In this hierarchy, the link layer may transmit data in flits which may then be decomposed into phits (e.g., ¼ of a flit length) at the physical layer and communicated over a PTP interconnect to the physical layer of a receiving agent. The received phits may then be integrated into flits at the physical layer of the receiving agent and forwarded to the link layer of the receiving agent, which combines the flits into transaction packets for forwarding to the protocol layer of the receiving agent. Of course, other protocols may handle communications differently, and the scope of the present invention is not limited in this regard.
Thus while embodiments of the present invention may be implemented in many different system types, some embodiments may be used in systems incorporating a PTP communication protocol, for example, a serial-based PTP communication protocol. Such systems may be subject to communication latencies as a result of the serial communication protocol such as described above. For example, in contrast to a shared bus structure, such as a front side bus (FSB)-type implementation, there are various overhead delays associated with protocol processing, serialization/de-serialization and so forth. However, it is to be understood that embodiments may be implemented in many different types of systems.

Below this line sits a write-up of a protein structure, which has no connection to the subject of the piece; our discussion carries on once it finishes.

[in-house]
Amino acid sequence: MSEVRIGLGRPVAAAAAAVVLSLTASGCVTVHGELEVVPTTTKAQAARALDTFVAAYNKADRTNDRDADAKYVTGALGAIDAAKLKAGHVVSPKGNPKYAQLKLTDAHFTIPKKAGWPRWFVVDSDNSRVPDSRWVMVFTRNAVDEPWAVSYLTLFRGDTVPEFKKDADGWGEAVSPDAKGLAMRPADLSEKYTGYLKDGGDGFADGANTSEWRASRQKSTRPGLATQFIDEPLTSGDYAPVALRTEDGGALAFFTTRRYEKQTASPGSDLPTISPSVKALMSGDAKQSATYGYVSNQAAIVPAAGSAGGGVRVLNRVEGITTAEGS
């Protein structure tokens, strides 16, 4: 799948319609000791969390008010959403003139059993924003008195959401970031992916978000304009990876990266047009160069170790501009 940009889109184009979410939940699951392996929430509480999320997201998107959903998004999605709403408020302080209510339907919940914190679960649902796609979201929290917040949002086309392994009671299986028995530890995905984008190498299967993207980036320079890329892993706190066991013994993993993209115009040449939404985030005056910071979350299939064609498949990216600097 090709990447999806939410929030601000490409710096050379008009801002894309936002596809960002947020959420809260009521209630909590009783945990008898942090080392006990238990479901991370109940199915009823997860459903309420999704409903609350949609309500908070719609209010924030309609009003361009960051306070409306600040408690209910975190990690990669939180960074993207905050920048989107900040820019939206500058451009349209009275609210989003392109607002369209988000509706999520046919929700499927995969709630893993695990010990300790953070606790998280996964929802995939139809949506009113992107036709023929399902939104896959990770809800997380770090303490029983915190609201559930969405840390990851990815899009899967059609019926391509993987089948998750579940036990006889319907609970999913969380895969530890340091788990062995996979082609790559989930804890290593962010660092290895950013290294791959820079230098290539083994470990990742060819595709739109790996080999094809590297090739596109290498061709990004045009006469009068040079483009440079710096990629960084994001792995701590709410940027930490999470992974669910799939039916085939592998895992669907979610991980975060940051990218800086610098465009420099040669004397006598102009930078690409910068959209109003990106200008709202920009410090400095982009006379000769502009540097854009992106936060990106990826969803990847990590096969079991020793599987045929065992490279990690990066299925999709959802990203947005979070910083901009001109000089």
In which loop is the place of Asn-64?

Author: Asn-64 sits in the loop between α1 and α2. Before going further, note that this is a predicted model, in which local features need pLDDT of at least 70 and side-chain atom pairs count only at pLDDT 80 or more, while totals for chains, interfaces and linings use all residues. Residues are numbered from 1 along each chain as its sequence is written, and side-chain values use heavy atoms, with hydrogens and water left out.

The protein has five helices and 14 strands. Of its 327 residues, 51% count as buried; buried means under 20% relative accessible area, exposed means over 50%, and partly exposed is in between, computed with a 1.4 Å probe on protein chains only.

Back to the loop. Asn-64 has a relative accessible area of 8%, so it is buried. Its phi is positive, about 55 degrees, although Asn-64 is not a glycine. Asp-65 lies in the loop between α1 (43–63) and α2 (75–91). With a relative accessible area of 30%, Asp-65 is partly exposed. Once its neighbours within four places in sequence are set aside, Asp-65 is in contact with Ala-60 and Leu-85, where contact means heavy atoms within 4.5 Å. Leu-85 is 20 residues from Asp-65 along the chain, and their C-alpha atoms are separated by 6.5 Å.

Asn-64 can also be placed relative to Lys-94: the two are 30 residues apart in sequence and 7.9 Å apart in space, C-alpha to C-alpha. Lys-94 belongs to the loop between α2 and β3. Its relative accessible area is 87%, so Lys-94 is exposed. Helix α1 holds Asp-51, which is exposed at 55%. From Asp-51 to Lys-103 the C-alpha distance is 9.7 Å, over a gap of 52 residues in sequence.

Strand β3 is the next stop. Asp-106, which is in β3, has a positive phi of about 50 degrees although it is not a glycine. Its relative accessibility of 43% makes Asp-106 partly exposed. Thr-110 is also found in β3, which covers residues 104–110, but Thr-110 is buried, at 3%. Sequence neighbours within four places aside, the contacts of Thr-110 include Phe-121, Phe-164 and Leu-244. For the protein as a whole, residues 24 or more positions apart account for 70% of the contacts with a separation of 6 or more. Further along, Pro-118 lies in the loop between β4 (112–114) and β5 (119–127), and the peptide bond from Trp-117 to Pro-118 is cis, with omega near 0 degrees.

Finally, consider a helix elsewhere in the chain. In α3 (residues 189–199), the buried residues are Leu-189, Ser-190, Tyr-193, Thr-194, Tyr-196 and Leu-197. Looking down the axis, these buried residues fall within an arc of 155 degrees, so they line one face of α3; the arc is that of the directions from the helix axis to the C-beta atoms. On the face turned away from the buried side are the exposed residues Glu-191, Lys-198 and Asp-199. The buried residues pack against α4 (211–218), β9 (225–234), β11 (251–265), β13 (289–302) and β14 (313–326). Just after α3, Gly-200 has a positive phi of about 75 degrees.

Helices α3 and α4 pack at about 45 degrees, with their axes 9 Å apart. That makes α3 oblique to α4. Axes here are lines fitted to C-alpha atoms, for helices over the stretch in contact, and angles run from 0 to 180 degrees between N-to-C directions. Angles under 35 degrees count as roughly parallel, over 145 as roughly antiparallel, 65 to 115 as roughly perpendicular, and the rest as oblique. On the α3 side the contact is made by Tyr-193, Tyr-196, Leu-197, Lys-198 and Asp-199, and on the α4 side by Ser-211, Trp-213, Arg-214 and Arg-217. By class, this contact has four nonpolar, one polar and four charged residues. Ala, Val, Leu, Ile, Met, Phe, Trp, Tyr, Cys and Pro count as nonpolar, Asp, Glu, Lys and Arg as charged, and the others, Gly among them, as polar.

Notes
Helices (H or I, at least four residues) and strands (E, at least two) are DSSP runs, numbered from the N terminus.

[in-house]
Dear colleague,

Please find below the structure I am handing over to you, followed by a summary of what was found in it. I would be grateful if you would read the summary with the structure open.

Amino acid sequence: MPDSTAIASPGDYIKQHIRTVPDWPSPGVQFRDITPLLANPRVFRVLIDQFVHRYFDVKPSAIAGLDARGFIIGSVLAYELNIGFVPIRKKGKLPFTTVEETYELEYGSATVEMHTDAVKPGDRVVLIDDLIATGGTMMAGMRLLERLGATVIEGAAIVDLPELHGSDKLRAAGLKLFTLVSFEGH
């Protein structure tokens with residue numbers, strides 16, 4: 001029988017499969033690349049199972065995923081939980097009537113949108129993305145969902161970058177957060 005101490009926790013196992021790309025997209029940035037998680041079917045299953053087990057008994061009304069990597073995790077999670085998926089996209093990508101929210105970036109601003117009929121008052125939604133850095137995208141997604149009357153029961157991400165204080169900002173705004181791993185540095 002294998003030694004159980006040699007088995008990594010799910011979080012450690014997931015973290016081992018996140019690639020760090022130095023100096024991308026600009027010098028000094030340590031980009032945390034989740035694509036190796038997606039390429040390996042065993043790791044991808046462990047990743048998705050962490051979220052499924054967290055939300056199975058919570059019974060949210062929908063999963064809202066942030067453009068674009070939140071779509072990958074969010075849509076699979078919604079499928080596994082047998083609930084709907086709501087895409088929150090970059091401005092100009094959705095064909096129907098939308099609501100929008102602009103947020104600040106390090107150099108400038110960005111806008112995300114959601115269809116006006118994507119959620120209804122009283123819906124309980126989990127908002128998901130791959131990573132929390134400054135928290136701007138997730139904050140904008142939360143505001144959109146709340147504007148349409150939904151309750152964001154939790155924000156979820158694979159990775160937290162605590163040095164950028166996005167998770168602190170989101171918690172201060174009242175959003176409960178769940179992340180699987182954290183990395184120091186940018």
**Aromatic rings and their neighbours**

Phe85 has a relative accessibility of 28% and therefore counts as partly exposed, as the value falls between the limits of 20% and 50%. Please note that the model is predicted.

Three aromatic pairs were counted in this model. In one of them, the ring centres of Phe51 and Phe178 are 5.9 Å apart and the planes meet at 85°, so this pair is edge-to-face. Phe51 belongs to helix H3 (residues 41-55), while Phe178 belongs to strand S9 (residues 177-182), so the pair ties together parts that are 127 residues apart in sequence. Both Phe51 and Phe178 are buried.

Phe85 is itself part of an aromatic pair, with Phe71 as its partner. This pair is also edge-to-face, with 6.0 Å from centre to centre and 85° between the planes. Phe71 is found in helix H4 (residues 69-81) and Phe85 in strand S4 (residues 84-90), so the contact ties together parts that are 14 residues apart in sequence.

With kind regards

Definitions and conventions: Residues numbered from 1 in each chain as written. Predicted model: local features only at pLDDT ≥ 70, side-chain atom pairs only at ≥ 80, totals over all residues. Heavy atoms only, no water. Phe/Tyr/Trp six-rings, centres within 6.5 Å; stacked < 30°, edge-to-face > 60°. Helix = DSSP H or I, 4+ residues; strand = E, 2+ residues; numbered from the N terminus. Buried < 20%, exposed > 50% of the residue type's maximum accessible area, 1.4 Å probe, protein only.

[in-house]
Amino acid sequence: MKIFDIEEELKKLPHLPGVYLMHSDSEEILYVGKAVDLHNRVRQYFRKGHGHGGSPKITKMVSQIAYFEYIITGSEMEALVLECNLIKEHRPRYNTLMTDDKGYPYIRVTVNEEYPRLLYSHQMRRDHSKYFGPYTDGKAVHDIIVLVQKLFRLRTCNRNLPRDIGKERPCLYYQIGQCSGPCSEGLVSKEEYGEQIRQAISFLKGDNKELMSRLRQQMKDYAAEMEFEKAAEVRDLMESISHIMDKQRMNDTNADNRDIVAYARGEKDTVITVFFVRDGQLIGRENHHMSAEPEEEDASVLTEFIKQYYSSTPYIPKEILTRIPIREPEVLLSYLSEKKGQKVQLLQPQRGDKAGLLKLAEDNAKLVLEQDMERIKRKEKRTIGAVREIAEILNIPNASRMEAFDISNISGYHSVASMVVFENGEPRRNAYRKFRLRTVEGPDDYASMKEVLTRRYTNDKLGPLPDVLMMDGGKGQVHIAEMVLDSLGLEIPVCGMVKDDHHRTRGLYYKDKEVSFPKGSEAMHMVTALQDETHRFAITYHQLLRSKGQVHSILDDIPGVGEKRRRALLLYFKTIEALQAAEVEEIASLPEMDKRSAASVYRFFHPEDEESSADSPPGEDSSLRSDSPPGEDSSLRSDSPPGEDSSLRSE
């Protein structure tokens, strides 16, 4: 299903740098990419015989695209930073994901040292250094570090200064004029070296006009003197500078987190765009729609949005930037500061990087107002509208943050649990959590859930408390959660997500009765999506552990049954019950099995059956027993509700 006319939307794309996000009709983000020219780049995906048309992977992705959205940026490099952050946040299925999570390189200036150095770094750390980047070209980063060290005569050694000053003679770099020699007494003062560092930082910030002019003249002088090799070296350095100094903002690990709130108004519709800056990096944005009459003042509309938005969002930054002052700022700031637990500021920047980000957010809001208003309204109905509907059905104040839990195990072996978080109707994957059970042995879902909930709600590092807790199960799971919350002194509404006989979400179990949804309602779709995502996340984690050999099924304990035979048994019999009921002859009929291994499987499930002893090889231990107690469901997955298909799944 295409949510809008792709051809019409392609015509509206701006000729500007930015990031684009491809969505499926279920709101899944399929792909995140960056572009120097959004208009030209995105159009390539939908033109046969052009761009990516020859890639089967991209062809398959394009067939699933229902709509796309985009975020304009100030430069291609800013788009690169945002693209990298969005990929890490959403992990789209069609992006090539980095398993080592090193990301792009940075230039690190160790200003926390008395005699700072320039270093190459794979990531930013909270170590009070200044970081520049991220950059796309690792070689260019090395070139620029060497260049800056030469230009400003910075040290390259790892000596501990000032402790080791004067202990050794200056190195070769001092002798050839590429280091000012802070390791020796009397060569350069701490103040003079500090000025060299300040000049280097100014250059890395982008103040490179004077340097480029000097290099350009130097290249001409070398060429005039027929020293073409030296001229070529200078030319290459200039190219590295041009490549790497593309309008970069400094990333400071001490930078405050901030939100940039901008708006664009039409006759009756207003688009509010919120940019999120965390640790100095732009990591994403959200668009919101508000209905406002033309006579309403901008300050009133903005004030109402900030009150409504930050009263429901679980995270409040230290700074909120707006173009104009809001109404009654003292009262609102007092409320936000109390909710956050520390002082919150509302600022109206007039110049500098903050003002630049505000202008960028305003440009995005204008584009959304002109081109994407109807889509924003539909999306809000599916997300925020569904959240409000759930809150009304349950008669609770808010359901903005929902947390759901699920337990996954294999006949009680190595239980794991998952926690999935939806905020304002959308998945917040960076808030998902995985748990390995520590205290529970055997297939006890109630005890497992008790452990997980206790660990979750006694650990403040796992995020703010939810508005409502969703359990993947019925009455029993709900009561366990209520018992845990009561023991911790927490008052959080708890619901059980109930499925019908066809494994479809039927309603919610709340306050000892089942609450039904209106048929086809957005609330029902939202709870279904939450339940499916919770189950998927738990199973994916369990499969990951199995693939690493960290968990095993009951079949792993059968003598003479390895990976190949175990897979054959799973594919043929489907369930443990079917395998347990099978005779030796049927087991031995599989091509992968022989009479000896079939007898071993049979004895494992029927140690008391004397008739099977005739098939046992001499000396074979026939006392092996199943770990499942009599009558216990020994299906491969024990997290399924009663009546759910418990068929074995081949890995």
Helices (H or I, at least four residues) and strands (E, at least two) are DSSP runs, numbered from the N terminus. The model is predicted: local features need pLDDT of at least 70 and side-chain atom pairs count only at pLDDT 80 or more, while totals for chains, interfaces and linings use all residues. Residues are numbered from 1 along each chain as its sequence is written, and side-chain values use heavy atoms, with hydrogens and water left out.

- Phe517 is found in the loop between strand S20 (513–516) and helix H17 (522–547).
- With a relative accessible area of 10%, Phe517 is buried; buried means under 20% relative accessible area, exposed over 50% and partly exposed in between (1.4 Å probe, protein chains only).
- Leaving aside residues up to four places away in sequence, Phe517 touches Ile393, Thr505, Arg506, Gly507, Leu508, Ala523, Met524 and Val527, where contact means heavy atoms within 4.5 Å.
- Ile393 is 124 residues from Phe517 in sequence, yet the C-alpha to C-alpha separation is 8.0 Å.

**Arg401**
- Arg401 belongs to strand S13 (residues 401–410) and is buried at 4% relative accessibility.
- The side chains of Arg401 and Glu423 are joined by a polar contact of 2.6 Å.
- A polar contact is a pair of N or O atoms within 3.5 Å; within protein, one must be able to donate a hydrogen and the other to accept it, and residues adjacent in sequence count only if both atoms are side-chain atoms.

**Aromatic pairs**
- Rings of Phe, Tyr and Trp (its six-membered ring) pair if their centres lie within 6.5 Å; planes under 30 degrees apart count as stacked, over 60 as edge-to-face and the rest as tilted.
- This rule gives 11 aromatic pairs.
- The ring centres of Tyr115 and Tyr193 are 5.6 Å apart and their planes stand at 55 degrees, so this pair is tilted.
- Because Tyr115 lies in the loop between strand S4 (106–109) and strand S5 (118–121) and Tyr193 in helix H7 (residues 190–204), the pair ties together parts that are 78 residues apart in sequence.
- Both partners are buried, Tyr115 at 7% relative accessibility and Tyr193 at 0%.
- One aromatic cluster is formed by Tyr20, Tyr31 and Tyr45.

Referring now to
As shown in
Still referring to
When selected for arbitration at block 130, the early request may be transmitted to an agent coupled to the processor socket (block 140). The agent may take many forms in different embodiments. For example, in some implementations the agent may be another processor socket, a chipset component such as a input/output hub (IOH), a memory controller hub (MCH), a memory, an I/O device or another such component.
To enable further reduced latencies, the agent receiving the early request may also have a bypass path to enable such early requests to bypass transaction processing (e.g., error checking, ordering and the like) that would typically occur along a transaction path of the agent. In this way, reduced latencies in passing the early request to a proper location can be realized. Accordingly, still with reference to
Referring still to
Referring now to